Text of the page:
I just discovered that my puppy LOVES tug-a-war! But i'm so afraid to pull hard that it'll hurt his teeth. Is it the harder you pull the more 'challenging' for them? Or you really have to watch out for hurting their teeth?
Ri and I play tug-o-war (or as we call it, play "Ri-Ri") often, and when he pulls he pulls HARD. Has never hurt his teeth. If I sit on the couch he can pull me and the couch with my dad sitting on it across the room.
it depends on the Age of the dog and what teeth the dog are biting with. When the dog gets adult teeth at first they are hollow, it takes about 6-8 months for the inside to solidify. So a dog with brand new teeth can be damaged, but again you will have to pull extremely hard. The dog will groan if it hurts. Just watch the dog if the dog shows any type of discomfort, just go little lighter. Believe it or not, not only does winning build confidence but also Tug-of war is very tension filled game. If done correctly, Letting the dog win. The dog will learn to be able tension and stress better. IT was once thought that tug-of war was oppositional game used to establish rank and power. We now know that Tug is a game of cooperation and why dogs like to play is for the basic need of disection, if a prey was to big for a dog to eat,Hmmm How would we get that prey into edible pieces, Tug-of-war. Another thing about tug is getting the dog to let go. I just went to a seminar given by a man who just plced third in the world at the Schutzhund championships for the SV. His method of getting th edog to let go, was the most humane and effective I have ever seen. no collars, no pain, all verbal. It goes like this.
Your playing tug and the dog is shaking your pulling. you want the dog to let go. you stop, and in stop, I mean you freeze. keep the toy as still as you can. breathe in, like in you just got startled to create suspense. This gets the dog amped to think something is about ot happen. And say your word. remaing frozen. Of course the dog is not going to let go, it does not know yet. keep saying no, no. or ah ah. as no reward markers. The dog will eventually try letting go or get bored and let go. The minute the dog lets go. you come alive, and say something like get it. This way the dog thinks they made the game start again by letting go. but reward immediatly when the dog lets go. do not make them wait. that will come later. when the dog lets go on your word, or even on breathing in. you start lengthing the time inbtween the out and the start of the game. Now here was the best tip. When you want to stop completely. Straddle the dog and pick there front feet of the ground. eventuly they will drop it. pick the toy up, put the dog down. At first do not use the command to actually end the game. This kind of thing makes the dog think, "When I am obeidinet to the command they take my toy". This will give you problems with them wanting to give up the toy.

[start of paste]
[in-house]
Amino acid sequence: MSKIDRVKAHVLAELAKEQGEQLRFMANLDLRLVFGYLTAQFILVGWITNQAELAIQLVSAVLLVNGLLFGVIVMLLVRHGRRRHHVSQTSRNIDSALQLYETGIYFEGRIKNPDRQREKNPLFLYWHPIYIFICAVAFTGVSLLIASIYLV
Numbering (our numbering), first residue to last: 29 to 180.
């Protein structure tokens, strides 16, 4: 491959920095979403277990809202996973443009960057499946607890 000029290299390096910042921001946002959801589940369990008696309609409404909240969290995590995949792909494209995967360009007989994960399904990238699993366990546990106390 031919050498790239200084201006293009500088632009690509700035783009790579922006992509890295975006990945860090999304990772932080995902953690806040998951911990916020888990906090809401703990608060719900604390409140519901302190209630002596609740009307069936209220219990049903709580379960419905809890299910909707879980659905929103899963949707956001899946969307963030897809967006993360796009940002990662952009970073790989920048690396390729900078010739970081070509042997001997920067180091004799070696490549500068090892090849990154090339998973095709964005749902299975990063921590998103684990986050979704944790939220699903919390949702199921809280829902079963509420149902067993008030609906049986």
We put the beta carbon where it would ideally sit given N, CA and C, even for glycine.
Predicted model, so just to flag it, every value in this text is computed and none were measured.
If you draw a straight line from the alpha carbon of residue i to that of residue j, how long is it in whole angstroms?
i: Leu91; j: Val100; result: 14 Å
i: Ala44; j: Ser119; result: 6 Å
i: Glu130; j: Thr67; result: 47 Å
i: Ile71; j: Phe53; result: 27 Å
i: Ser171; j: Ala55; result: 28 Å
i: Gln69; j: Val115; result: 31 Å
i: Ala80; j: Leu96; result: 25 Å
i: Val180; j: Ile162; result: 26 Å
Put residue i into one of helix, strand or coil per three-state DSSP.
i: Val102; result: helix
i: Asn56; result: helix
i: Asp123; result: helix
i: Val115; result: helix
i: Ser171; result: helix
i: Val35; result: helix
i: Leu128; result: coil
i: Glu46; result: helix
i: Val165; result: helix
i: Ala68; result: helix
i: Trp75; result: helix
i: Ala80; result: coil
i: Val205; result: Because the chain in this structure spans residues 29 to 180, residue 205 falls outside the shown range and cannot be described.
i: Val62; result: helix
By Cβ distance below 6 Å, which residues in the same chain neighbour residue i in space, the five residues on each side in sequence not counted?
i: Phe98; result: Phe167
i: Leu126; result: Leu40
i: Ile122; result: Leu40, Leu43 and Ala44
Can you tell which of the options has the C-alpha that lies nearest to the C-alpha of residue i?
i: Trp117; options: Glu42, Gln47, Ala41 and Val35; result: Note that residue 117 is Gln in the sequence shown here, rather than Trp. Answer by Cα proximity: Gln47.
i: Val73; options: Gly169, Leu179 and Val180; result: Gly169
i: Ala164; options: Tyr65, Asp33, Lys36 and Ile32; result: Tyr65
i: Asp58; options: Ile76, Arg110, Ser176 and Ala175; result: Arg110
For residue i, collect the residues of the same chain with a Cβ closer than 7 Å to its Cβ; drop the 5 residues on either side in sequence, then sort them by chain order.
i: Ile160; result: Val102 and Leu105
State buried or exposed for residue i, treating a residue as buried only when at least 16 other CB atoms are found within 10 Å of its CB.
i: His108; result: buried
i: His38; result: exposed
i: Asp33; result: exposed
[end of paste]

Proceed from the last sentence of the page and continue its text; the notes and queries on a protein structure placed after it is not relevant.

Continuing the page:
Oh and I forgot, The dog vites with the front teeth these are easier to damage than the back ones. If the dog has a shallow bite. hold the toy calmly and walk slowly backwards. keep the toy as unwrinkled and straight as you can, making the toy easy to bite on. then stop walking encoraging them to get it. most dogs after a few stops will bite deeper...watch your fingers. this will encorage the dog to place the pressure over more it's mouth. but be aware the more tired the dog gets the harder for them it is to get a deep bite. they need to breathe out of the corners of thier mouth.
***Edited By: gunny on 10/26/2006 1:50:02 AM*** Reason: f
Dogs are capable of learning many things. A dog can retain a soft mouth and know the diffrence between a bird and a stick and a knot of socks. But you have to establish limits with the game as with anything else.
With our Chessies if we did play tug o war games they knew what drop it or out means and released right away. I never knew any of them to be hard mouthed because of it.. Never had any of them want to play tug of war with the birds they retrieved.
IMO we had one Chessie that was hard mouthed, I know it sounds gross, but I really believe he just like to hear things crunch and the taste.
We had one huge female that loved to play tug of war, she was so spoiled. She would come and grab your hand and want to pull you around. This same girl came back from a run on the back half of the property her cheeks puffed out a little. We had her drop what she had in her mouth.. It was a baby rabbit, eyes not even open yet.. She took off and brought us each baby one by one and never put a mark on any of them... well except a little slobber.. lol 5 babies, we fed them with an eyedropper till they were big enough to release..
Sorry for my ramblings.. Anyway they know the difference between work and play.